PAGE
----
Can anyone explain, with the aid of a mathematical proof, why bases are omitted in Big - O notation?

EDIT: I don't understand how:

NB: $\log_2(n) =$ log to the base 2 of n

$log_2(n) = \log_k(n)/\log_k(2)$

proves that bases are omitted in Big O...please can some explain?

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    $\begingroup$ Please accept some of the previous answers you received. This will make it more likely that people will keep providing you with good answers. $\endgroup$ – Rasmus May 6 '11 at 9:43
  • $\begingroup$ What do you mean with "base"? $\endgroup$ – Rasmus May 6 '11 at 9:44
  • $\begingroup$ e.g. Ln -> base = 'e' $\endgroup$ – user9492 May 6 '11 at 9:50
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    $\begingroup$ See my answer here: math.stackexchange.com/questions/33820/big-oh-question/… $\endgroup$ – Raphael May 6 '11 at 12:00

Changing the base of a logarithm corresponds to multiplication by a constant, but big O is only defined up to a constant. Therefore the base does not make a difference in that case.

  • $\begingroup$ Can you show me a proof? or mathematical definition? $\endgroup$ – user9492 May 6 '11 at 9:49
  • $\begingroup$ See here. $\endgroup$ – Rasmus May 6 '11 at 9:56
  • $\begingroup$ Can you see the EDIT $\endgroup$ – user9492 May 6 '11 at 10:58
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    $\begingroup$ @user9492, looking at your edit, log base k of 2 is just a constant number, right? So all we're doing is dividing by some constant c to get to any base that we want. And, constants are ignored in big O notation. $\endgroup$ – dsolimano May 6 '11 at 12:17

Surely $\mathcal{O}(f(x))$ is a equivalence class so we are done if we can show that all logarithms are in $\mathcal{O}(\ln(x))$ (logarithm to the natural base). We write $g(x) \in \mathcal{O}(f(x))$ if there is a $C \geq 0$ such that $|g(x)| \leq C\cdot |f(x)|$ for all $x \geq x_0$ with some real $x_0$.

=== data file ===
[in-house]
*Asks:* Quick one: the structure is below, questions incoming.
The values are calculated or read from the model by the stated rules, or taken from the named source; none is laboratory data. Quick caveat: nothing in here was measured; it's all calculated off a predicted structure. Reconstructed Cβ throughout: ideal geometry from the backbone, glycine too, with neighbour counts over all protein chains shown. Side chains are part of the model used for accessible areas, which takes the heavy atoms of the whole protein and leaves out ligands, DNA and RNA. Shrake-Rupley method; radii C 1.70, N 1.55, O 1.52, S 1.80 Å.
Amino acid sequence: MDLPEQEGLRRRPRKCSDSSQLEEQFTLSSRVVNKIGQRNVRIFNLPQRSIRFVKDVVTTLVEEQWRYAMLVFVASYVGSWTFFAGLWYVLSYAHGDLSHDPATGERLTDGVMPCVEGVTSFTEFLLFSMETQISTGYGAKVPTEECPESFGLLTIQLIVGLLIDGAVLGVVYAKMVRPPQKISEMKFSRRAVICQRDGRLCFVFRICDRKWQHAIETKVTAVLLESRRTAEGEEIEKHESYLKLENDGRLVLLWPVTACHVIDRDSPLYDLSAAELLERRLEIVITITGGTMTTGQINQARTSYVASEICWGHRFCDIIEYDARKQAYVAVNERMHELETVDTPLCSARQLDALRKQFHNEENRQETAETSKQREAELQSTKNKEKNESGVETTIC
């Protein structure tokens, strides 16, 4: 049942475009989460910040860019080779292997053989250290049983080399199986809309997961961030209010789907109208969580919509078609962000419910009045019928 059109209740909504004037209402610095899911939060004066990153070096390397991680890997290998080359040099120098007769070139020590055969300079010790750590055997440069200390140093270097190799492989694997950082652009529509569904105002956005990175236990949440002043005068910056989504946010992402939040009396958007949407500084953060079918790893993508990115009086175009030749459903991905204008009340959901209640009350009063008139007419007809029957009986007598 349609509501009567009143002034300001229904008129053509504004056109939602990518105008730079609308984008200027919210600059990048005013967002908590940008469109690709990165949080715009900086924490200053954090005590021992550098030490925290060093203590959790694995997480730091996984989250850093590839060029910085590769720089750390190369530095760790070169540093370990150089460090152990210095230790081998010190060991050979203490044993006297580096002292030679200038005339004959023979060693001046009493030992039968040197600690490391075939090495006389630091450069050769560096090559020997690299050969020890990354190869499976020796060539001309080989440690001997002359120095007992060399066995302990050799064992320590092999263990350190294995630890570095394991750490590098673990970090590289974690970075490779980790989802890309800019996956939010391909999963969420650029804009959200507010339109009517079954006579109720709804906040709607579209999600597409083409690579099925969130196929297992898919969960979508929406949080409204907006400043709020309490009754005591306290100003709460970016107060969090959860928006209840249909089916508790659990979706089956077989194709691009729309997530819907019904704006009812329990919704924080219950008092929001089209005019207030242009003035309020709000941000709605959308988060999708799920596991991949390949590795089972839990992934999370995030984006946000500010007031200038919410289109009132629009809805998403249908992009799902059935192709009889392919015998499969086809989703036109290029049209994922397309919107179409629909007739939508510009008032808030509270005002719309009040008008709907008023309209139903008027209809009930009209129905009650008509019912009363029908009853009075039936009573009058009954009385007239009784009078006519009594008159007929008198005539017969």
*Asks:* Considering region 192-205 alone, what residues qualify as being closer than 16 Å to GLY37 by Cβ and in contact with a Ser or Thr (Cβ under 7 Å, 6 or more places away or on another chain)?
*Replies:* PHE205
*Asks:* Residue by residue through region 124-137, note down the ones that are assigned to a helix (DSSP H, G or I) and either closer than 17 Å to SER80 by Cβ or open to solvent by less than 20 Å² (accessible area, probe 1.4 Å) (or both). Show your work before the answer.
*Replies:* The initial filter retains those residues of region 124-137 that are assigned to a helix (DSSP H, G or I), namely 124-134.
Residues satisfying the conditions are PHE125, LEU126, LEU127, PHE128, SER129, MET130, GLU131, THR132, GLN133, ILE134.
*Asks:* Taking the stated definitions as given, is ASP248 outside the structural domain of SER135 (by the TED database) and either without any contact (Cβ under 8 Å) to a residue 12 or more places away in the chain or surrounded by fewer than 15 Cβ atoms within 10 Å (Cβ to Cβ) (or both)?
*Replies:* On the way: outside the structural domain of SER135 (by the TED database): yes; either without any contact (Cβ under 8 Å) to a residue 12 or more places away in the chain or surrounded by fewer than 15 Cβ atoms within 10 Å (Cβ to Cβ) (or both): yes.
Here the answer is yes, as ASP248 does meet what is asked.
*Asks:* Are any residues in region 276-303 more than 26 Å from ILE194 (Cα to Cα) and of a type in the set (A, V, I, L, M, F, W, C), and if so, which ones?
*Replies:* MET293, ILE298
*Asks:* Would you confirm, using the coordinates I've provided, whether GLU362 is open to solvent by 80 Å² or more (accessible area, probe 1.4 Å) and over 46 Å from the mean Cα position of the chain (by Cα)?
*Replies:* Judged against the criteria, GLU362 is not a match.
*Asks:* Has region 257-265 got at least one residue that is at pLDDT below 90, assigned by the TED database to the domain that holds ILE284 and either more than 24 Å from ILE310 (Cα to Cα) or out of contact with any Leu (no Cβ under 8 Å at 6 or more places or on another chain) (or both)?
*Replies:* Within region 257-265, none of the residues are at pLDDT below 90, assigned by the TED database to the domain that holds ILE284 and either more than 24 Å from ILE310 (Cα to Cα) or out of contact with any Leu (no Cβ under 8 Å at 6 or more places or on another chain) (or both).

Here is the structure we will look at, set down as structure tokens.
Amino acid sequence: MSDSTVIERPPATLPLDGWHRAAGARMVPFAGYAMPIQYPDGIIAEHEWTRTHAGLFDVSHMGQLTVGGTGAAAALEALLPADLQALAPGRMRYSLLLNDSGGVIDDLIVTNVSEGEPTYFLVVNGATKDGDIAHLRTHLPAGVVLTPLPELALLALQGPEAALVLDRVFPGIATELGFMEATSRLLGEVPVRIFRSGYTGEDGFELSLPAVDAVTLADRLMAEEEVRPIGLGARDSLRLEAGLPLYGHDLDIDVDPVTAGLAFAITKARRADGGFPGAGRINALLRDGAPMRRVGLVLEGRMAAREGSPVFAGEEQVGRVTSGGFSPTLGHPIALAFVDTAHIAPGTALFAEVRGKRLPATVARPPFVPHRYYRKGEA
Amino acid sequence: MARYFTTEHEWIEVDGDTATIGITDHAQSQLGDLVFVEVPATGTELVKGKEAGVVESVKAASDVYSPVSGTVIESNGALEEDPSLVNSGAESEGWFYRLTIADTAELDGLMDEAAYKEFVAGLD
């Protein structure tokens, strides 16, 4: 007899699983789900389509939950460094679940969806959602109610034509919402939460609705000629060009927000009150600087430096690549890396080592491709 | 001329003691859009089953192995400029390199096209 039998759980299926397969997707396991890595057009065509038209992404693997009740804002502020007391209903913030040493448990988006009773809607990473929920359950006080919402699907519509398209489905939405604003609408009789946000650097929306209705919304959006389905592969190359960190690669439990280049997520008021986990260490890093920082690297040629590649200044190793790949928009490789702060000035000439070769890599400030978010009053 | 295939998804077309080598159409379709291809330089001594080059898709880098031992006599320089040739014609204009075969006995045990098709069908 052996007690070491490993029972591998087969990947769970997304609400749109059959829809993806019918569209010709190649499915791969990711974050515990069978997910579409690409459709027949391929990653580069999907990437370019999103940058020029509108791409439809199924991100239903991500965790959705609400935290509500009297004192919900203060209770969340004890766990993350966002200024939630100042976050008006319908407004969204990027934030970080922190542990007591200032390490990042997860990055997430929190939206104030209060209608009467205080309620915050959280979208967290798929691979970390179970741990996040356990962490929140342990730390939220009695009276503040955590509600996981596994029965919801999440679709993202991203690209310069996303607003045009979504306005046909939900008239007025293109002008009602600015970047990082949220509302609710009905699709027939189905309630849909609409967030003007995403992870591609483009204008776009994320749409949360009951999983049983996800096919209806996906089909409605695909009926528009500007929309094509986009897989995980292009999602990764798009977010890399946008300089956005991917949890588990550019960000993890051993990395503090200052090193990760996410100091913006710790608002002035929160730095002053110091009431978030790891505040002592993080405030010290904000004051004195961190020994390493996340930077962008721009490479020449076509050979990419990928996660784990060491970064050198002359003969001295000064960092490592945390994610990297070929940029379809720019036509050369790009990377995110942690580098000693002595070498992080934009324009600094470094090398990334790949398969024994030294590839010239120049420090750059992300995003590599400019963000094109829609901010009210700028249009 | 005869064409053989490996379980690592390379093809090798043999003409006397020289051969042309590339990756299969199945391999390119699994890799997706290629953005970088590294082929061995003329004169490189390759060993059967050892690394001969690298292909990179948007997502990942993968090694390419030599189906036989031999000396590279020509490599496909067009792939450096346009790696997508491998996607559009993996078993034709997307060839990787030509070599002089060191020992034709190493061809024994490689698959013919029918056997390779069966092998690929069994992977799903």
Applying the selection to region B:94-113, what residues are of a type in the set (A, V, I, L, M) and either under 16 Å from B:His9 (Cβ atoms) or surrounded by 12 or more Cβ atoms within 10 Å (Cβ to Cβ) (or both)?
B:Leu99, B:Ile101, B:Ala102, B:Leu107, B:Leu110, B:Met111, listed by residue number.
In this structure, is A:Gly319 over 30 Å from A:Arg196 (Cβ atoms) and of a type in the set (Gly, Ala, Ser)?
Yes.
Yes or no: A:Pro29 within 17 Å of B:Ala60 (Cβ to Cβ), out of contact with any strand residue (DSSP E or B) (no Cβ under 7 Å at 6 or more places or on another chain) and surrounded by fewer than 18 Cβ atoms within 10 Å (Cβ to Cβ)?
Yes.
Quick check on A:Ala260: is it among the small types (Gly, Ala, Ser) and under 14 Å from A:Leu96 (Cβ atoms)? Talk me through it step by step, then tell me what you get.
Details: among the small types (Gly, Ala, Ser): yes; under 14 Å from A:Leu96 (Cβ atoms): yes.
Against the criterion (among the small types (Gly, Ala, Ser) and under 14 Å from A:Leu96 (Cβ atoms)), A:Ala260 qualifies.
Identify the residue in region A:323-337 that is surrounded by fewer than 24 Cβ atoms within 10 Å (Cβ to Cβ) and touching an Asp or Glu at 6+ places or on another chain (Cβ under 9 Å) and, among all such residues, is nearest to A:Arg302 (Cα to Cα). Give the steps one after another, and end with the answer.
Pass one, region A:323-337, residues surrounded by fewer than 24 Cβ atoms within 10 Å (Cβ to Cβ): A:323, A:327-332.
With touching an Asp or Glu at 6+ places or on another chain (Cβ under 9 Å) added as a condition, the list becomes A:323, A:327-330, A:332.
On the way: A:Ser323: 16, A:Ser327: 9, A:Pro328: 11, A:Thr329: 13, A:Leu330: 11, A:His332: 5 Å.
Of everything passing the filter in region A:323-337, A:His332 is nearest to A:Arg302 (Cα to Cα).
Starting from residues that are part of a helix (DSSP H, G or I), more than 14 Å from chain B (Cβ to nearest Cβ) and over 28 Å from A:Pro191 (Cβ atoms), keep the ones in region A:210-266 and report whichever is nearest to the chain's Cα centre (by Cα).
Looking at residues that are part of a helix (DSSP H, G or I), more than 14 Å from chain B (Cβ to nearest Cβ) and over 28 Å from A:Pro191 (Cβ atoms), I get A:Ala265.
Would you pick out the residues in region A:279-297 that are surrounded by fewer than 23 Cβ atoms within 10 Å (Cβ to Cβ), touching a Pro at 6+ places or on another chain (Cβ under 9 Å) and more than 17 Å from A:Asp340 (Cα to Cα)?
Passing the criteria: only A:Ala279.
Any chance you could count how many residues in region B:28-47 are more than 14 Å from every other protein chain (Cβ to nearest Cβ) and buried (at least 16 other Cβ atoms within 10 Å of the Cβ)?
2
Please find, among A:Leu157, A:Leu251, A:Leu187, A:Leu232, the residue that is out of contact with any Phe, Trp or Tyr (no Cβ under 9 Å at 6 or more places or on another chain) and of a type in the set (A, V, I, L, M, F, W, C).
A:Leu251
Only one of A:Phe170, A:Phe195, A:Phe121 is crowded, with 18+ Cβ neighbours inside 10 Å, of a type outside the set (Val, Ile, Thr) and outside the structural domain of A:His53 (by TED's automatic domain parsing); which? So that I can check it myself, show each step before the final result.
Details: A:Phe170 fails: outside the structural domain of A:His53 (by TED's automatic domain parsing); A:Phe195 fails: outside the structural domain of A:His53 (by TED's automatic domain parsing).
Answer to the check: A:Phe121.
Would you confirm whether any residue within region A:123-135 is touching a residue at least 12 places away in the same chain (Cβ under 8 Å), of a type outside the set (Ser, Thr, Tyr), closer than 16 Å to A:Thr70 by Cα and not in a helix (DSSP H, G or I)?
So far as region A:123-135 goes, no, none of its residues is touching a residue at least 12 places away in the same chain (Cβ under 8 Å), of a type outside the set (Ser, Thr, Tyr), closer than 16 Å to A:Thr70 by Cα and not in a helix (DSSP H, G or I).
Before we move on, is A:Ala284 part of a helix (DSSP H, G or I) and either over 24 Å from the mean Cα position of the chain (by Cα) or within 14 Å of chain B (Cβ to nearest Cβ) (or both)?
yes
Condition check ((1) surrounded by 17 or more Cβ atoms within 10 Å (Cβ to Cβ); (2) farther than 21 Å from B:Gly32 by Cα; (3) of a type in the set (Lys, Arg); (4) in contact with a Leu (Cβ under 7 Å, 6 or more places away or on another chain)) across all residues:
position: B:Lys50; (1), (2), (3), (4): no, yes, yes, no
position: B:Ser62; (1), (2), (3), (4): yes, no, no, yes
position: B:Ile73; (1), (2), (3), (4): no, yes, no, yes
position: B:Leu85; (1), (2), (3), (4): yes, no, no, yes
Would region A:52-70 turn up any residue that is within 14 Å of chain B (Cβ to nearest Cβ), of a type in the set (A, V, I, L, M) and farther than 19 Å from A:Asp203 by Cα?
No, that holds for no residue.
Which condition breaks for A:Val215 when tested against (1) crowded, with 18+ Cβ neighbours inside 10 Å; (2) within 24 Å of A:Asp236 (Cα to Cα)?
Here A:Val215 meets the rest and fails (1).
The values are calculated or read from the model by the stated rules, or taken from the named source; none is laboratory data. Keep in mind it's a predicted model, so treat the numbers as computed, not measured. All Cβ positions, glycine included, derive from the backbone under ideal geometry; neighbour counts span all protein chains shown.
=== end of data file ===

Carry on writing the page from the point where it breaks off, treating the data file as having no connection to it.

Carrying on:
Let $b$ be your favourite base, we have that

$\log_b(x)=\frac{\ln(x)}{\ln(b)}$ it directly follows that $|\log_b(x)| \leq C \cdot |\ln(x)|$ where $C=\frac{1}{|\ln(b)|}$ and therefore immediately that $\log_b(x) \in \mathcal{O}(\ln(x))$ and the whole theorem.


First you must understand what it means for a function f(n) to be O( g(n) ).

The formal definition is: A function f(n) is said to be O(g(n)) iff |f(n)| <= C * |g(n)| whenever n > k, where C and k are constants.

so let f(n) = log base a of n, where a > 1 and g(n) = log base b of n, where b > 1

NOTE: This means the values a and b could be any value greater than 1, for example a=100 and b = 3

Now we get the following: log base a of n is said to be O(log base b of n) iff |log base a of n| <= C * |log base b of n| whenever n > k

Choose k=0, and C= log base a of b.

Now our equation looks like the following: |log base a of n| <= log base a of b * |log base b of n| whenever n > 0

Notice the right hand side, we can manipulate the equation: = log base a of b * |log base b of n| = |log base b of n| * log base a of b = |log base a of b^(log base b of n)| = |log base a of n|

Now our equation looks like the following: |log base a of n| <= |log base a of n| whenever n > 0

The equation is always true no matter what the values n,b, or a are, other than their restrictions a,b>1 and n>0.

So log base a of n is O(log base b of n) and since a,b doesn't matter we can simply omit them.

You can see a YouTube video on it here: https://www.youtube.com/watch?v=MY-VCrQCaVw

You can read an article on it here: https://medium.com/@randerson112358/omitting-bases-in-logs-in-big-o-a619a46740ca


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